"We had a mild problem with blue-green algae growing below the gravel line along the front of our acrylic tanks. I would suppose conditions there are good: light being channeled in via the plastic, no water movement, low oxygen, available nutrients (?)".

The plot thickens.

JPC
 

jaypeecee

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My question is will the plants eventually out compete the cyanobacteria so that it disappears if I do nothing but normal weekly water changes, or should I do a 3 day black out or treat with something like Easy Life Blue Exit. I have 3% Hydrogen Peroxide but am nervous of it killing my filter material?

Hi @Andrew Reynolds

Cyanobacteria elimination, in my experience, is never easy. There are many factors at play. And we've talked about some of them here. I suggest that you read through the posts in this thread to see if anything resonates with you. Reduced intensity lighting in combination with Blue Exit and good water flow/oxygenation may be worth a try.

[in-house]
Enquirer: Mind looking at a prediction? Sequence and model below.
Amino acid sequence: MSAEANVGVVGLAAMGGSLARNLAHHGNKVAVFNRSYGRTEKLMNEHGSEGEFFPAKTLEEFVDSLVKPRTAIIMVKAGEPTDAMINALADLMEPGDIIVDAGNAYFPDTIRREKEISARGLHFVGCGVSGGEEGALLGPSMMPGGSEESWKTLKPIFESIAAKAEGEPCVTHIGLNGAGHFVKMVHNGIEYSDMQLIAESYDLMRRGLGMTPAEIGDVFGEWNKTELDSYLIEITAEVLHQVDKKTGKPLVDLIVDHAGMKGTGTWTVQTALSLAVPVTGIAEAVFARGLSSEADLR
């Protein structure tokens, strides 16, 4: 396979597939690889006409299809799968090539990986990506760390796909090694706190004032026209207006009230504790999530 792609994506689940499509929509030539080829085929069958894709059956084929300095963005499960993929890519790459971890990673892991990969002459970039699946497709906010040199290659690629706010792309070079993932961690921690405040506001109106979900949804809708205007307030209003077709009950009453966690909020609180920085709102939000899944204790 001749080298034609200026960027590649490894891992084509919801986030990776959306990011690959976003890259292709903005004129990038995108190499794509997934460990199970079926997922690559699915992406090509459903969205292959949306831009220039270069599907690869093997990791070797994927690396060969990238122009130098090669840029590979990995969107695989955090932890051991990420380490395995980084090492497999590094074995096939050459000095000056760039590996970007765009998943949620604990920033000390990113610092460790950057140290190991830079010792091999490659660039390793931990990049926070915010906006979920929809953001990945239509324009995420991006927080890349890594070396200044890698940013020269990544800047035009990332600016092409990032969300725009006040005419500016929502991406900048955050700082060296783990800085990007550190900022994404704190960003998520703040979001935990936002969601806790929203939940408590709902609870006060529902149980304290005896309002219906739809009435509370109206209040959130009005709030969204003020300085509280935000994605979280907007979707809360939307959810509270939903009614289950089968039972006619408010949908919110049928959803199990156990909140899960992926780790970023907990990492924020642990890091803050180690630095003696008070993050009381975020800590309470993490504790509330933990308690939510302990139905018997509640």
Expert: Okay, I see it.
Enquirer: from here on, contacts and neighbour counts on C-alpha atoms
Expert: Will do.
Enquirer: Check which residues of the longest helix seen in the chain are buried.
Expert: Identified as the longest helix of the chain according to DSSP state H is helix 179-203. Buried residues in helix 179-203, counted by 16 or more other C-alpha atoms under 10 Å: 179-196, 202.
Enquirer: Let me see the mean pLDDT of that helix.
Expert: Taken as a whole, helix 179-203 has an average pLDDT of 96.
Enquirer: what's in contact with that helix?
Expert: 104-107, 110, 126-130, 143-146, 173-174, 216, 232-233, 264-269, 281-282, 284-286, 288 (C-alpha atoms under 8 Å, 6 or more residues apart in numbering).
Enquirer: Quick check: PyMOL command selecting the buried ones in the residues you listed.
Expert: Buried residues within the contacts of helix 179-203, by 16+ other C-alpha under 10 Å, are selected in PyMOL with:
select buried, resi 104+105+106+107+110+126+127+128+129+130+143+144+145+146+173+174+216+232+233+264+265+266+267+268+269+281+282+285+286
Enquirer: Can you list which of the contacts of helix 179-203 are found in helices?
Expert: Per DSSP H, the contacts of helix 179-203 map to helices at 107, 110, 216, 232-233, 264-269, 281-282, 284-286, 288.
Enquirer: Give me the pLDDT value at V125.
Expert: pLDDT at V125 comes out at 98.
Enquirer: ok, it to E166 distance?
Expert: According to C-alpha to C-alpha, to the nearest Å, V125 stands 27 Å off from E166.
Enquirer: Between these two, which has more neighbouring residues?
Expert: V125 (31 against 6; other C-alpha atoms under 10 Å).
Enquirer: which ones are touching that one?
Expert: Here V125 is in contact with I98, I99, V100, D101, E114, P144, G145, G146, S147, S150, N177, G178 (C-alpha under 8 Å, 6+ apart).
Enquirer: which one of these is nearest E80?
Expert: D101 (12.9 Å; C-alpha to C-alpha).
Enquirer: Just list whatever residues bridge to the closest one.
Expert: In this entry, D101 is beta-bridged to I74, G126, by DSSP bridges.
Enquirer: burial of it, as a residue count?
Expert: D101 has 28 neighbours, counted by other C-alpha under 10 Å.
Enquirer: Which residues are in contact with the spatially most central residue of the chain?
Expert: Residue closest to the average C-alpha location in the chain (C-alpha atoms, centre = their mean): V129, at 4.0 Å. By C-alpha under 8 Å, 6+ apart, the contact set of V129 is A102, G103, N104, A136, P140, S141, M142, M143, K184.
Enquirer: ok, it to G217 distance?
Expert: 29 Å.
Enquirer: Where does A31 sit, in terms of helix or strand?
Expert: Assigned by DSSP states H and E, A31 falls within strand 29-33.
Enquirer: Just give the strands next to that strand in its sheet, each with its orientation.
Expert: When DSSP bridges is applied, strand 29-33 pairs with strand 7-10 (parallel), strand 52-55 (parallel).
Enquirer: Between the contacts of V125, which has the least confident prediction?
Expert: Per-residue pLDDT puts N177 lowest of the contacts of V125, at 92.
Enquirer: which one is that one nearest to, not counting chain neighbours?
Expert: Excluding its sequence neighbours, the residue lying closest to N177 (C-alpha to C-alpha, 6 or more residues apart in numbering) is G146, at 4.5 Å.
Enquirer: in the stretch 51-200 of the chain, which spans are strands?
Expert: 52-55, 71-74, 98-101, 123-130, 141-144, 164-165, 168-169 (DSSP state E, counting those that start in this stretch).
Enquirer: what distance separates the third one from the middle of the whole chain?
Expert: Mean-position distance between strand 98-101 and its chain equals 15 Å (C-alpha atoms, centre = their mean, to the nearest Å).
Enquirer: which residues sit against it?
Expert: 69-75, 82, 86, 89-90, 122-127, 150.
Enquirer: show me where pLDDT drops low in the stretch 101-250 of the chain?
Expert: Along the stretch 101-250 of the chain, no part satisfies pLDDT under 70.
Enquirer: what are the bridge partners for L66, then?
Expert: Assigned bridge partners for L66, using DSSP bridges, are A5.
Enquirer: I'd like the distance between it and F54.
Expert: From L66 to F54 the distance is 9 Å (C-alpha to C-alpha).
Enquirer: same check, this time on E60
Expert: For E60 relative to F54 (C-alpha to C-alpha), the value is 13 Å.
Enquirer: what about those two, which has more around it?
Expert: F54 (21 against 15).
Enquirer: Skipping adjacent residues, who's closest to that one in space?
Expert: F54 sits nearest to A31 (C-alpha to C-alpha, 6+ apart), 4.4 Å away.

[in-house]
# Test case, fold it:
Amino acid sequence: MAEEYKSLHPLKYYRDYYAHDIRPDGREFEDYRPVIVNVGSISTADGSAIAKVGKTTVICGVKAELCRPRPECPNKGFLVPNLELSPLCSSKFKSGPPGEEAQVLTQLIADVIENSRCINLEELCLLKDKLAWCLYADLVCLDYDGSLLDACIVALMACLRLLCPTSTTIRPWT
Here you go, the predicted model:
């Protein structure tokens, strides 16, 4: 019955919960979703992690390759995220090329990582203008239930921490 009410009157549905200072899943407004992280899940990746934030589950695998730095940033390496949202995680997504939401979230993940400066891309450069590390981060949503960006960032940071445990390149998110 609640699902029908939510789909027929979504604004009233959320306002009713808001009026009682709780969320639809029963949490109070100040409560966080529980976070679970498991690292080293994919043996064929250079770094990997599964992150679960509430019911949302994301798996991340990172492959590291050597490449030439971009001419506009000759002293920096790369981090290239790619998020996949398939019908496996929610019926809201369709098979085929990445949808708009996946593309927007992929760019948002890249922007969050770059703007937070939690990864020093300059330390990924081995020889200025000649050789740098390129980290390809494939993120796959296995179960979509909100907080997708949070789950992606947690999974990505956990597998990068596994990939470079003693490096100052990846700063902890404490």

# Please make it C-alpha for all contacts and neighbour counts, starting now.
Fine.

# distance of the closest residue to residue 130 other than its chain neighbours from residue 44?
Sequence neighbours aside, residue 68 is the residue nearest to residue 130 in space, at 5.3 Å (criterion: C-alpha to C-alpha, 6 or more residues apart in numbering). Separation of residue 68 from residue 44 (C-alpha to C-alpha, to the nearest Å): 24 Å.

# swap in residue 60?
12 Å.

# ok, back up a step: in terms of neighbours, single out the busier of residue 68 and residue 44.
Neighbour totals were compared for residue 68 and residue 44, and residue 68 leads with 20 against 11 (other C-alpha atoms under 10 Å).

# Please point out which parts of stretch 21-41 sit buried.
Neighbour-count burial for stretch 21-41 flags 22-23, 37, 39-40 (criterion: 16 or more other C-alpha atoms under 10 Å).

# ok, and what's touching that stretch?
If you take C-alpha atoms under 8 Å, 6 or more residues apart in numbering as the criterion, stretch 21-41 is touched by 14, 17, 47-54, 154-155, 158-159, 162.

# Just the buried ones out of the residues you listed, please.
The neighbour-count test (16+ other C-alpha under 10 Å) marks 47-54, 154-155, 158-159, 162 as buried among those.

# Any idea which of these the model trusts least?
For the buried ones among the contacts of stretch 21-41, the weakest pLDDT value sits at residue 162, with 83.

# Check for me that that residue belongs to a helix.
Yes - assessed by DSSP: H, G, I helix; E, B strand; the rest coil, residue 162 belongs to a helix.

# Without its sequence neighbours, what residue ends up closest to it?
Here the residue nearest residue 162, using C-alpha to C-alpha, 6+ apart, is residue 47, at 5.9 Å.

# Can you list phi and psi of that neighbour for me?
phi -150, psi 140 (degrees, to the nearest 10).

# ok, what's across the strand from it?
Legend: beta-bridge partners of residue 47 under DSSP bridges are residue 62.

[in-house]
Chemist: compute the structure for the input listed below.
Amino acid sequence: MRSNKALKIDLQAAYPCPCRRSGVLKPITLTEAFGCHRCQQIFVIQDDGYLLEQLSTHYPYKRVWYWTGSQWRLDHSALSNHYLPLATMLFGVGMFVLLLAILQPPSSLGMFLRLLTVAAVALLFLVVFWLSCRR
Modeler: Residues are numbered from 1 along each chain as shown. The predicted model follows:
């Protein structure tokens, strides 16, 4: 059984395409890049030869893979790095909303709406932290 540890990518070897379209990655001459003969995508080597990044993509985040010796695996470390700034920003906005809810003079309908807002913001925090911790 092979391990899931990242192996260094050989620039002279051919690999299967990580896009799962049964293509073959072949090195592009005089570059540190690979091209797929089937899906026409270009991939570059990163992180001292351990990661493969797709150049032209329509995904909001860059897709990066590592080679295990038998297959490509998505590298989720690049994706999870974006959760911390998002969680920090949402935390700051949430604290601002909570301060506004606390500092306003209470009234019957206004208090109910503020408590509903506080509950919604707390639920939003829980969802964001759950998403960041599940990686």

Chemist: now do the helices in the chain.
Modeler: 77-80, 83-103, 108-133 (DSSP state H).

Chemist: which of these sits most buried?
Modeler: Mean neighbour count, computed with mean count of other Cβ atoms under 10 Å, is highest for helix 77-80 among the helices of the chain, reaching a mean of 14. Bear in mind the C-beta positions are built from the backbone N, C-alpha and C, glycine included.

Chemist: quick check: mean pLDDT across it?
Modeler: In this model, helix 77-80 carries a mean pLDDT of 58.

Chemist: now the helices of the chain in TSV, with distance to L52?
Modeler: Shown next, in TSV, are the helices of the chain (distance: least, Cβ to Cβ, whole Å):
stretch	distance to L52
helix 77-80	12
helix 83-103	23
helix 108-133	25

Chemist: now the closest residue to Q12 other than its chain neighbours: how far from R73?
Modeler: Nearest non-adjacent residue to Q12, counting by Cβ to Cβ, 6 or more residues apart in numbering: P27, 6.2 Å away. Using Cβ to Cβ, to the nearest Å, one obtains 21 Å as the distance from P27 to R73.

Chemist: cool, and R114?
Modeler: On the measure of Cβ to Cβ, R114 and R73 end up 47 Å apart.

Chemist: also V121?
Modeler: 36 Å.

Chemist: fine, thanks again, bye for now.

Please keep us updated.

JPC
 

dw1305

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Hi all,
Hi Darrel,

I may have asked you this before but have you ever taken a sample of slimy BGA from an aquarium, taken it to your place of work and identified it?
No I haven't. For whatever reason I've never had much in the way of obvious cyanobacteria, and if I need some I have a couple of <"Cycas revoluta"> and Azolla from which the symbiotic cyanobacteria are very easy to extract.